British Antarctic Territory: Life in the Frozen South

This Territory consists of all the land, including the Antarctic Peninsula, and the Southern Ocean, south of 60° south between 20° and 80° west, an area of 1,709,400 km2. Although the UK claim overlaps with those of Argentina and Chile, the Antarctic Treaty provides an internationally agreed regime for the area, recognising its importance as an area for peace and science.

There is no permanent population but the British Antarctic Survey have two year-round and one summer-only research stations here. Many other countries also have research stations in this region. The Southern Ocean offers unique opportunities for understanding evolution in marine systems.

The Protocol for the Protection of the Antarctic Environment, enacted as the Antarctic Act 1994, provides a licensing regime for all activities in the Territory by British nationals. This legislation also covers environmental monitoring and impact assessment, waste management, oil spills and protected areas and species. Management of commercial fishing is by international agreement through the Convention for the Conservation of Antarctic Marine Living Resources (CCAMLR).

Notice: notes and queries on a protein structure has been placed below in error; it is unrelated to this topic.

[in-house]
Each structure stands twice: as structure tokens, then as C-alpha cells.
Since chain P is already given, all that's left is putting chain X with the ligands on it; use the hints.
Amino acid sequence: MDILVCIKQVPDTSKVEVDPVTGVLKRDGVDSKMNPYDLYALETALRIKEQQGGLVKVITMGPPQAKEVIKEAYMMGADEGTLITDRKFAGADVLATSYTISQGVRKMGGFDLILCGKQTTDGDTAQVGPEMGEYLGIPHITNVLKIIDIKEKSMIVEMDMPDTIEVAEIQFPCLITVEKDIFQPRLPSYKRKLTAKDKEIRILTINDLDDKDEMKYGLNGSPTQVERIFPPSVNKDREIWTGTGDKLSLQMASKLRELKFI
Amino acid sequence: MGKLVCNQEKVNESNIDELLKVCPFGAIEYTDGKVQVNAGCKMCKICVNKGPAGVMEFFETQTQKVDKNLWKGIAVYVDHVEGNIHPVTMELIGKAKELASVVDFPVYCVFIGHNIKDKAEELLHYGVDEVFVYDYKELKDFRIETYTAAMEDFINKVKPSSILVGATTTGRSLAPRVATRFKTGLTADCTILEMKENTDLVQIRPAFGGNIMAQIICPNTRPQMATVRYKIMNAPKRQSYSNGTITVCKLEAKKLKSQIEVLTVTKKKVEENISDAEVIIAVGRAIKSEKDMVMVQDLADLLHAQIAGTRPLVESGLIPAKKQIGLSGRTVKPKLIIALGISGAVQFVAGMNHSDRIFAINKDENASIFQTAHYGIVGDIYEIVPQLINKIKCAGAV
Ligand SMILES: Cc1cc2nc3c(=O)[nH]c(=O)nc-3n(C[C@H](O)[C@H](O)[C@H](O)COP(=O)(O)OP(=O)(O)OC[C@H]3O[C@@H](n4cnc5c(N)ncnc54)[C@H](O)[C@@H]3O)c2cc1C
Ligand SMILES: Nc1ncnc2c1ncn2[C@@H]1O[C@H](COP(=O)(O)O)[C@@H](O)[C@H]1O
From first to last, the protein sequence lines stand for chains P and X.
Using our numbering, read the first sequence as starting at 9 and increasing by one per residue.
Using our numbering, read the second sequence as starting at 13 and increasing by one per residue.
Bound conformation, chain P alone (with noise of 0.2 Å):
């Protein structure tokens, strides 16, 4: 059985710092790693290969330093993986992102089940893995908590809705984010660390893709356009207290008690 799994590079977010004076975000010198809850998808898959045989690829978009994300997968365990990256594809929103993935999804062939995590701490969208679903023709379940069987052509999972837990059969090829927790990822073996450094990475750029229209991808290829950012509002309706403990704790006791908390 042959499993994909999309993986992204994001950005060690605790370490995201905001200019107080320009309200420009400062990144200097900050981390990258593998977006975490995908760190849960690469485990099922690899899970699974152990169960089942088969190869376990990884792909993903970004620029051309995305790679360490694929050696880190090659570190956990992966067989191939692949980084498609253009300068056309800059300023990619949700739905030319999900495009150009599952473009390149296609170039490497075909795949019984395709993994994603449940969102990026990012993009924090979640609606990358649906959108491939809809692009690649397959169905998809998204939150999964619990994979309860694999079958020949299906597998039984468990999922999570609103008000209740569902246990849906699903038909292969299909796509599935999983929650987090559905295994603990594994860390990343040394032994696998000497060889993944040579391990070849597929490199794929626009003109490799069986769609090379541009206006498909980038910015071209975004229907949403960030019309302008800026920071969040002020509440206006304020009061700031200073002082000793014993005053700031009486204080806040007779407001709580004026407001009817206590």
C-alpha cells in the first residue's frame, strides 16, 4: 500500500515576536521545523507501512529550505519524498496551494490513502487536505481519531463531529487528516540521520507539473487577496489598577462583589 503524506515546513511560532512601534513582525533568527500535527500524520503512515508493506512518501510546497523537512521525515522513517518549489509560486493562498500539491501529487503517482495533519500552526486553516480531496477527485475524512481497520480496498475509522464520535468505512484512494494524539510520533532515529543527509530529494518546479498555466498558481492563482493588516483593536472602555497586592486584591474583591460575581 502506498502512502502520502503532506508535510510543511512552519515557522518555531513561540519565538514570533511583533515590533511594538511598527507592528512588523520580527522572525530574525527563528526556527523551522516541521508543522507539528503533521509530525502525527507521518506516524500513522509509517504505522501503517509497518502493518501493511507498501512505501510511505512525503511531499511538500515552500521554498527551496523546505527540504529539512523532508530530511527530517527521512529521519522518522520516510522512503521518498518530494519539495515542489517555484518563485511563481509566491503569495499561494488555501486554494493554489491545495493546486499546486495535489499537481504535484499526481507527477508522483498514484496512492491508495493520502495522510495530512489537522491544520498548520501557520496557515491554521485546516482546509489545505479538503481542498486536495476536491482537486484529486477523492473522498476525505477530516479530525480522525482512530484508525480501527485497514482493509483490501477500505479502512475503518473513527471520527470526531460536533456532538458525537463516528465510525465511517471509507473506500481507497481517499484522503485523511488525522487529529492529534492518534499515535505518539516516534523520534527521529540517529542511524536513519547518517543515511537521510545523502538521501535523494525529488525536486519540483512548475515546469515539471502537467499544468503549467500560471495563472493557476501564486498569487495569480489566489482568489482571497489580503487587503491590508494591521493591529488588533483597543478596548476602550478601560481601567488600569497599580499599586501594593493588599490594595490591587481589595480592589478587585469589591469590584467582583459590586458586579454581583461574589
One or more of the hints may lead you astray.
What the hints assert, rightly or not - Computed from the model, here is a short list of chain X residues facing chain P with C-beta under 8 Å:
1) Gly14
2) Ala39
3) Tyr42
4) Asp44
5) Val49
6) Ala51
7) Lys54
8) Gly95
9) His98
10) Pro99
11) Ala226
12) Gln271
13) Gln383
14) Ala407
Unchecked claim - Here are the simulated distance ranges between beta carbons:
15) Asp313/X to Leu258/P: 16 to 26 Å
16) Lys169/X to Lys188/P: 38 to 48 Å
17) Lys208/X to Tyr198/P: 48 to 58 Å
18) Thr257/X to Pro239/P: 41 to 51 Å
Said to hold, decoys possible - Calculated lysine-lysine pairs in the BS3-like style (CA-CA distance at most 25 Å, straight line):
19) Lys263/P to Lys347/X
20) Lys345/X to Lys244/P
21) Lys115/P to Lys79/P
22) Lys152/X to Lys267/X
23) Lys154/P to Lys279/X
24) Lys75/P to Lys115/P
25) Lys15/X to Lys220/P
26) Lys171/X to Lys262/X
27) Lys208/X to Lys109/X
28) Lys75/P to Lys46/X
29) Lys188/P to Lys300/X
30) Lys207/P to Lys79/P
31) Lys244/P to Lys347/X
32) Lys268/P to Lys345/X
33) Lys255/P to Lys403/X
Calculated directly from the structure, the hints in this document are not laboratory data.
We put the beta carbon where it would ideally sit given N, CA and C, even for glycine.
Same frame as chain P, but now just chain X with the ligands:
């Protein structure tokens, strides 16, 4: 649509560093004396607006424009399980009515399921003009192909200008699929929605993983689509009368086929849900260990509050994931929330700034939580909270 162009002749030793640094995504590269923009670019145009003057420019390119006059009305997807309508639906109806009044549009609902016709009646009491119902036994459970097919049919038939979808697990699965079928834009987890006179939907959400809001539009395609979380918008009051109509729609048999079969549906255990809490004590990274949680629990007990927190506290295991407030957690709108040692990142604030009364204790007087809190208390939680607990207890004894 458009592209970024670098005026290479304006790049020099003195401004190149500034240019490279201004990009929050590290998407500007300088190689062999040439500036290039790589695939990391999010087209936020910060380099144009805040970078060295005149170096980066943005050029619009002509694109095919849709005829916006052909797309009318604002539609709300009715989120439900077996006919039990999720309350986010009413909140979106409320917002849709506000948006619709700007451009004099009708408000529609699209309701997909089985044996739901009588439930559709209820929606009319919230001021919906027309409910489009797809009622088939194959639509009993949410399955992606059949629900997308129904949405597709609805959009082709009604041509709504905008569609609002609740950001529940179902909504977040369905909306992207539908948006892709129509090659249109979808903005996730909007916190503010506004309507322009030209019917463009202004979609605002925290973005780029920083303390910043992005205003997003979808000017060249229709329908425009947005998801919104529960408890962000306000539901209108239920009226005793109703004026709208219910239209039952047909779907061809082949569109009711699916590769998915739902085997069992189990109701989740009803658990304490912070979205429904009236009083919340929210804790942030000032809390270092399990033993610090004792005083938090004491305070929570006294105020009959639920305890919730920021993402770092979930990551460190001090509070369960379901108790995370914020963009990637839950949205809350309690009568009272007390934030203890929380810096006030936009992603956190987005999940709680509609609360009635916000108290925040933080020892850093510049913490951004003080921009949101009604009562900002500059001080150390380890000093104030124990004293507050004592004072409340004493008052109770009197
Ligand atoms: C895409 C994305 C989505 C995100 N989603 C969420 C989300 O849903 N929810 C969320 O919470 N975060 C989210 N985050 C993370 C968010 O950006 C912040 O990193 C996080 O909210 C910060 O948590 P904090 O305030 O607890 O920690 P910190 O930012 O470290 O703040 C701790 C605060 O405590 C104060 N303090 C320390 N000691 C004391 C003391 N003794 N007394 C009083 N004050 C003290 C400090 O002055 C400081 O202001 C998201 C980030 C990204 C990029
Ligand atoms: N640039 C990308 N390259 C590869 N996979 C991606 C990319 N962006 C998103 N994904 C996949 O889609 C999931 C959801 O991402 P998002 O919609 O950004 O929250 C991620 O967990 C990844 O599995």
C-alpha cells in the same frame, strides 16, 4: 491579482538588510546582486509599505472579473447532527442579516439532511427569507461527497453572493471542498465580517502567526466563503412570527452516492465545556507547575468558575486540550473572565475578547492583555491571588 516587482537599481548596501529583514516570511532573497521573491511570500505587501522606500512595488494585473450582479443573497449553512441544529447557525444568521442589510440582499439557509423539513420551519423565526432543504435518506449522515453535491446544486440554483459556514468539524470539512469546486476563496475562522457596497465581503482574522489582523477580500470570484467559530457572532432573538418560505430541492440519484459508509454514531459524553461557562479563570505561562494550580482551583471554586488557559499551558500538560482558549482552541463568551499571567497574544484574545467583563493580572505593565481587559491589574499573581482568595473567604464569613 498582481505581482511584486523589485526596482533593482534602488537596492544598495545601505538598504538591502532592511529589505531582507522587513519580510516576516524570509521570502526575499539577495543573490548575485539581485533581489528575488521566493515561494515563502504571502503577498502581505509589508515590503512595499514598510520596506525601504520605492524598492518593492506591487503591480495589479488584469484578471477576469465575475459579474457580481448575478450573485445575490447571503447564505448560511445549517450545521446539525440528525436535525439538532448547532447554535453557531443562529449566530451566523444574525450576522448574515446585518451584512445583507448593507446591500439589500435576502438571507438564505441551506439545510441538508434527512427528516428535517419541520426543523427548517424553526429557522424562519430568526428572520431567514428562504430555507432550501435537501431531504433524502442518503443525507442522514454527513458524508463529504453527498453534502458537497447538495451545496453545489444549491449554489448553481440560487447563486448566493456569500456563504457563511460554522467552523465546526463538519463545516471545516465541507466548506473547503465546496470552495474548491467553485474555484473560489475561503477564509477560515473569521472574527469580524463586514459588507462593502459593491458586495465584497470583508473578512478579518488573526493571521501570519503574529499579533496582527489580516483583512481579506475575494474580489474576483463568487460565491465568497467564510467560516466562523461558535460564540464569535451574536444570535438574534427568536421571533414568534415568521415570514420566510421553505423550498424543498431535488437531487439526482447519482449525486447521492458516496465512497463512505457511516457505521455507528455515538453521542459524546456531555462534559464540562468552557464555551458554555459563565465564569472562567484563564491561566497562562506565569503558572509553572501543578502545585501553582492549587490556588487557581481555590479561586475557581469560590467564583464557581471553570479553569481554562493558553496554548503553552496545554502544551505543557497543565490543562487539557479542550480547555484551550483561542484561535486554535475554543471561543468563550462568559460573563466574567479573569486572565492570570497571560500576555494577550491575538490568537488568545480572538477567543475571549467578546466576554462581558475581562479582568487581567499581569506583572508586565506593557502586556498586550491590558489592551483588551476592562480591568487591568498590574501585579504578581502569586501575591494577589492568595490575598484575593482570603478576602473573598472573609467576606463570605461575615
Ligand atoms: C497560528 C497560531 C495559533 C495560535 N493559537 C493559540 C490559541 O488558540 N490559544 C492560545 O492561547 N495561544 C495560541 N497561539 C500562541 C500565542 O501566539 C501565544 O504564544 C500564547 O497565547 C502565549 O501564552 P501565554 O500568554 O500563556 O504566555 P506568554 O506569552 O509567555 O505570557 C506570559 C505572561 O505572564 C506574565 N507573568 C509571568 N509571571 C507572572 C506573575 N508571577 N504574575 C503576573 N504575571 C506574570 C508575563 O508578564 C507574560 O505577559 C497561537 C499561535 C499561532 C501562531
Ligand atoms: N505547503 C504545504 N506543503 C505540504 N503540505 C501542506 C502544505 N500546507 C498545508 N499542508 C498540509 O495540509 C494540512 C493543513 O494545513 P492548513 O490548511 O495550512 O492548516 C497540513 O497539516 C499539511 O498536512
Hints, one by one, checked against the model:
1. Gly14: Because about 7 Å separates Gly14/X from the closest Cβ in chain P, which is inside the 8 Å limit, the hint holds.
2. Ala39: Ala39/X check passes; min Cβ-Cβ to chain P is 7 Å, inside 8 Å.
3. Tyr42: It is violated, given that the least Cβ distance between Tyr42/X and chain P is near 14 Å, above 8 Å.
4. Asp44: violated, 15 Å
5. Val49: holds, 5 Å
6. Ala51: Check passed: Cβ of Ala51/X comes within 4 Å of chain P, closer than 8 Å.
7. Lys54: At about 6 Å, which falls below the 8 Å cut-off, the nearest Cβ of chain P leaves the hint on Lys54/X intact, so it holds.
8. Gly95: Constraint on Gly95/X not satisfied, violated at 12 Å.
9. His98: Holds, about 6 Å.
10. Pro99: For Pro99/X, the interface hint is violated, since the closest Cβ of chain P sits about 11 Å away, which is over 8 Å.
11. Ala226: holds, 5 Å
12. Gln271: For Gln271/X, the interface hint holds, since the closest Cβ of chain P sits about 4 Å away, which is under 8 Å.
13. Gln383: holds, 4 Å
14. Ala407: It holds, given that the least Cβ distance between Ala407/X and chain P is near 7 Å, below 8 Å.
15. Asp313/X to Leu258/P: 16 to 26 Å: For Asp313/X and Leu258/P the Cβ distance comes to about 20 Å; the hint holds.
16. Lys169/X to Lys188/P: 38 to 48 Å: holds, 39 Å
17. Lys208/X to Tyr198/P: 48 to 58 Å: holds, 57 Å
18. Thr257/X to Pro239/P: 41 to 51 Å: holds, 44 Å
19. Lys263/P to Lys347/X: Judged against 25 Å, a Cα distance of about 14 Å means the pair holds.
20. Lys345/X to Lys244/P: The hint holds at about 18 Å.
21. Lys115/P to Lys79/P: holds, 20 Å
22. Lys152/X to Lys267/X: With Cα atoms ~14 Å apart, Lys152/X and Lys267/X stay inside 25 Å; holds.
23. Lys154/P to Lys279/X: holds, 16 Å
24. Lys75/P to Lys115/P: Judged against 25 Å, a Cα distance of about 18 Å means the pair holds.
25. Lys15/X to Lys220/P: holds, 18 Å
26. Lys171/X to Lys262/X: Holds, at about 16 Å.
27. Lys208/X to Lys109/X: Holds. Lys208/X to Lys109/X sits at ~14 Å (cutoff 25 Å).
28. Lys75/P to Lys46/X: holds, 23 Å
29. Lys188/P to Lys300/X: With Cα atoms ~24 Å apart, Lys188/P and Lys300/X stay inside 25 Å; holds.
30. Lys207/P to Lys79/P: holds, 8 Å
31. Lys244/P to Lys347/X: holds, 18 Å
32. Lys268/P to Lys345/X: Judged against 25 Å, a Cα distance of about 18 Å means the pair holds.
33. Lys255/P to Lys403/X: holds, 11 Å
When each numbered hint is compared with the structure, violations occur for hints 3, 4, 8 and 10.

Annual meetings of the Treaty and CCAMLR provide a forum for monitoring environmental activities and fishing. Major current issues include management of increasing tourism, proposals for the southern ocean whale sanctuary and climate change.

click images for larger versions
On land, although vegetation is sparse, there are many types of lichen, moss and algae. In the surrounding seas, vast amounts of krill (pictured) provide the basis for rich marine life. This includes whales, seals and very large numbers of birds especially petrels and penguins, inhabiting the islands and coastal areas of the Peninsula. Adélie (pictured) and emperor penguins both breed on the continent itself.
Photographs courtesy of Pete Bucktrout, Chris Gilbert (BAS); Michael Gore FRPS
The UKOTCF is a Registered Charity (1058483) - keen to develop partnerships with business or commercial organisations